Run, Run Rudolph

Photo by Mark Crisafulli

If you are a lover of animals, you may have an inspired National Geographic moment when you
see deer. They can seem like our own local gazelles – untamed and free in our upstate New
York savannahs and jungles. Like the impala, they take flight in both meanings of the word;
swiftly running away when startled, and able to make such impressive leaps, that you would
think they have wings and could pull a sleigh through the air.

There are 40 species of deer in the world – including the moose. But surprisingly, deer are not
antelope. Both groups of animals are large herbivores with split hooves who graze grasses and
browse trees and shrubs. But antelope have permanent, unbranched antlers, while male deer,
or bucks, lose their branched antlers each year.

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Deer are not only found in New York’s natural places like Iroquois National Wildlife Refuge, but
in crop fields and parks. They are sure to be seen on the grassy areas along highways in nearby
Amherst, Buffalo, and Rochester, and in cemeteries and golf courses statewide.
Deer are abundant at Iroquois National Wildlife Refuge, with staff biologists estimating a
population of 30 deer per square mile. They have been seen swimming across the refuge’s
wetlands to get to areas they prefer. Deer feed mostly by browsing – choosing leaves, soft
shoots, or fruits of taller, woody plants. Deer have no upper front teeth, which makes them
adapted to pulling off leaves from shrubs and trees. At Iroquois, their foods include dogwood,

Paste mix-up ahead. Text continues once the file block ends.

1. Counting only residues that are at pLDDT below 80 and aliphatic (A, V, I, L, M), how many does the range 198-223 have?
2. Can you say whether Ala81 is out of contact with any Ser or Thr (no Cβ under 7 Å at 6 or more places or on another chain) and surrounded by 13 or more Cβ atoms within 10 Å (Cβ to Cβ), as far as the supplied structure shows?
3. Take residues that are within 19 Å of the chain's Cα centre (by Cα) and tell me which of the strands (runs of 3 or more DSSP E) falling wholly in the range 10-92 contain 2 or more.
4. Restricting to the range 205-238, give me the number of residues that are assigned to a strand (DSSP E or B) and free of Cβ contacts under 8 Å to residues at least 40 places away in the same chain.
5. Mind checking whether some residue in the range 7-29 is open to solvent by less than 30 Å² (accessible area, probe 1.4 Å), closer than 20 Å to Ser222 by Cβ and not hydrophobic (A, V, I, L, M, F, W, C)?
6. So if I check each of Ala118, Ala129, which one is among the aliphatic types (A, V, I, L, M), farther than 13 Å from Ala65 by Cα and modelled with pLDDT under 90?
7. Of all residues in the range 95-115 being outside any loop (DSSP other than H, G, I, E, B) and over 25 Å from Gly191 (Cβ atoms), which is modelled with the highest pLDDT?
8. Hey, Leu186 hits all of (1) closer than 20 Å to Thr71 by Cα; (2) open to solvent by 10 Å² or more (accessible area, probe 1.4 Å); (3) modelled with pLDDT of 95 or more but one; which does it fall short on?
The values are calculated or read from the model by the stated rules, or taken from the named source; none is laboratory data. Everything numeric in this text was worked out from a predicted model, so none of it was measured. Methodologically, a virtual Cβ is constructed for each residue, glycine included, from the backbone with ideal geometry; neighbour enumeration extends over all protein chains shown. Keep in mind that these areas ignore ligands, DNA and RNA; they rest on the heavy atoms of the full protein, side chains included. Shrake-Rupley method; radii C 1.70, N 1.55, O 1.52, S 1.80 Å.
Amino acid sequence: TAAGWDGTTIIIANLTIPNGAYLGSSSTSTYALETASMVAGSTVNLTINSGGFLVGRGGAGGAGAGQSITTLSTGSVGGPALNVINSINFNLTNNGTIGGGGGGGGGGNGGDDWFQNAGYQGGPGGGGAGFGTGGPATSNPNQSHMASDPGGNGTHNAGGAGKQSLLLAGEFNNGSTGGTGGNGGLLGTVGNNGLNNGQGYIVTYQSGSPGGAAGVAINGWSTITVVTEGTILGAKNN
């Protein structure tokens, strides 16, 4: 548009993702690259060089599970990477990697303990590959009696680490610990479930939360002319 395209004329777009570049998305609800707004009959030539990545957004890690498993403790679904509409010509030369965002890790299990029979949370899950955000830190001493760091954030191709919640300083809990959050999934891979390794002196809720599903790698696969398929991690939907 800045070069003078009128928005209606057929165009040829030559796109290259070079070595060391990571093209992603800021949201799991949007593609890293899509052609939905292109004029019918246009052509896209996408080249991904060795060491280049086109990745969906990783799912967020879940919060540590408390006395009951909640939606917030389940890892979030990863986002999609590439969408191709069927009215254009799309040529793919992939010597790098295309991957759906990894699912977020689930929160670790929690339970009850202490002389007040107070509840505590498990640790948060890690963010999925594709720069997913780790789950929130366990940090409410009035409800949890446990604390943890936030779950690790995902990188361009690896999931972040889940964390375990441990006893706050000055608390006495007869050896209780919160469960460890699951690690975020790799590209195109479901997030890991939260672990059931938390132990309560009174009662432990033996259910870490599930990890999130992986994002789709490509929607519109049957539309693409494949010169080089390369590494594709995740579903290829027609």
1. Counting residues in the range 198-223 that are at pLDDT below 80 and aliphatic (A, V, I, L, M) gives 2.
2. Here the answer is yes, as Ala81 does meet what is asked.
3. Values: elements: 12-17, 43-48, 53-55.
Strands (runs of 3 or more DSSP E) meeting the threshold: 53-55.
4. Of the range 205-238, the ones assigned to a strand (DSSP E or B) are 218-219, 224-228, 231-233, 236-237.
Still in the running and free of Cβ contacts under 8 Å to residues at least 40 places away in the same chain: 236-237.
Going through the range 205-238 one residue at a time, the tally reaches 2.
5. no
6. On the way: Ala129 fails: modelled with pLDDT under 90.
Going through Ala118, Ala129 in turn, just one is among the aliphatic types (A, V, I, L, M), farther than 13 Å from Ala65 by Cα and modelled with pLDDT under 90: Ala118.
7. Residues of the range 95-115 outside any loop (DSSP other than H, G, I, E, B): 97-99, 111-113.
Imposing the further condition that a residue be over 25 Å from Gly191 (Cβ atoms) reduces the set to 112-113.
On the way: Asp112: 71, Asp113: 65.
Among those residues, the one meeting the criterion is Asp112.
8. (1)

oaks, hickories, birch and aspen. But these animals will also graze agricultural crops like corn,
vegetable plants, alfalfa, and clover.

Photo by Jennifer Cummings

Like cows, sheep, and goats, deer have a four-chambered stomach. When finding food, deer
partially chew it, and it goes into the first chamber. Later, they bring the food back up into their
mouth and chew it again, called chewing cud. They swallow the cud and it goes through the
other three chambers to be fully digested.

In the winter, deer will find a sunny but hidden area to rest, often under evergreen trees. They
will choose a spot that faces downwind, which helps prevent their scent from being noticed.
Deer breed in the fall, with pregnancy lasting 7 ½ months. Females, or does, usually have a
single baby, or fawn, their first pregnancy. After that, the doe generally has twin fawns each

It is important to understand that does do not stand watch over their fawns all day. Does nurse
fawns several times a day and then leave. Fawns instinctively lie still to avoid being seen. If a
fawn is found alone, do not move it or assume it is an orphan. Fawns do not do well in human
care and should be left untouched.

By Heidi Truschel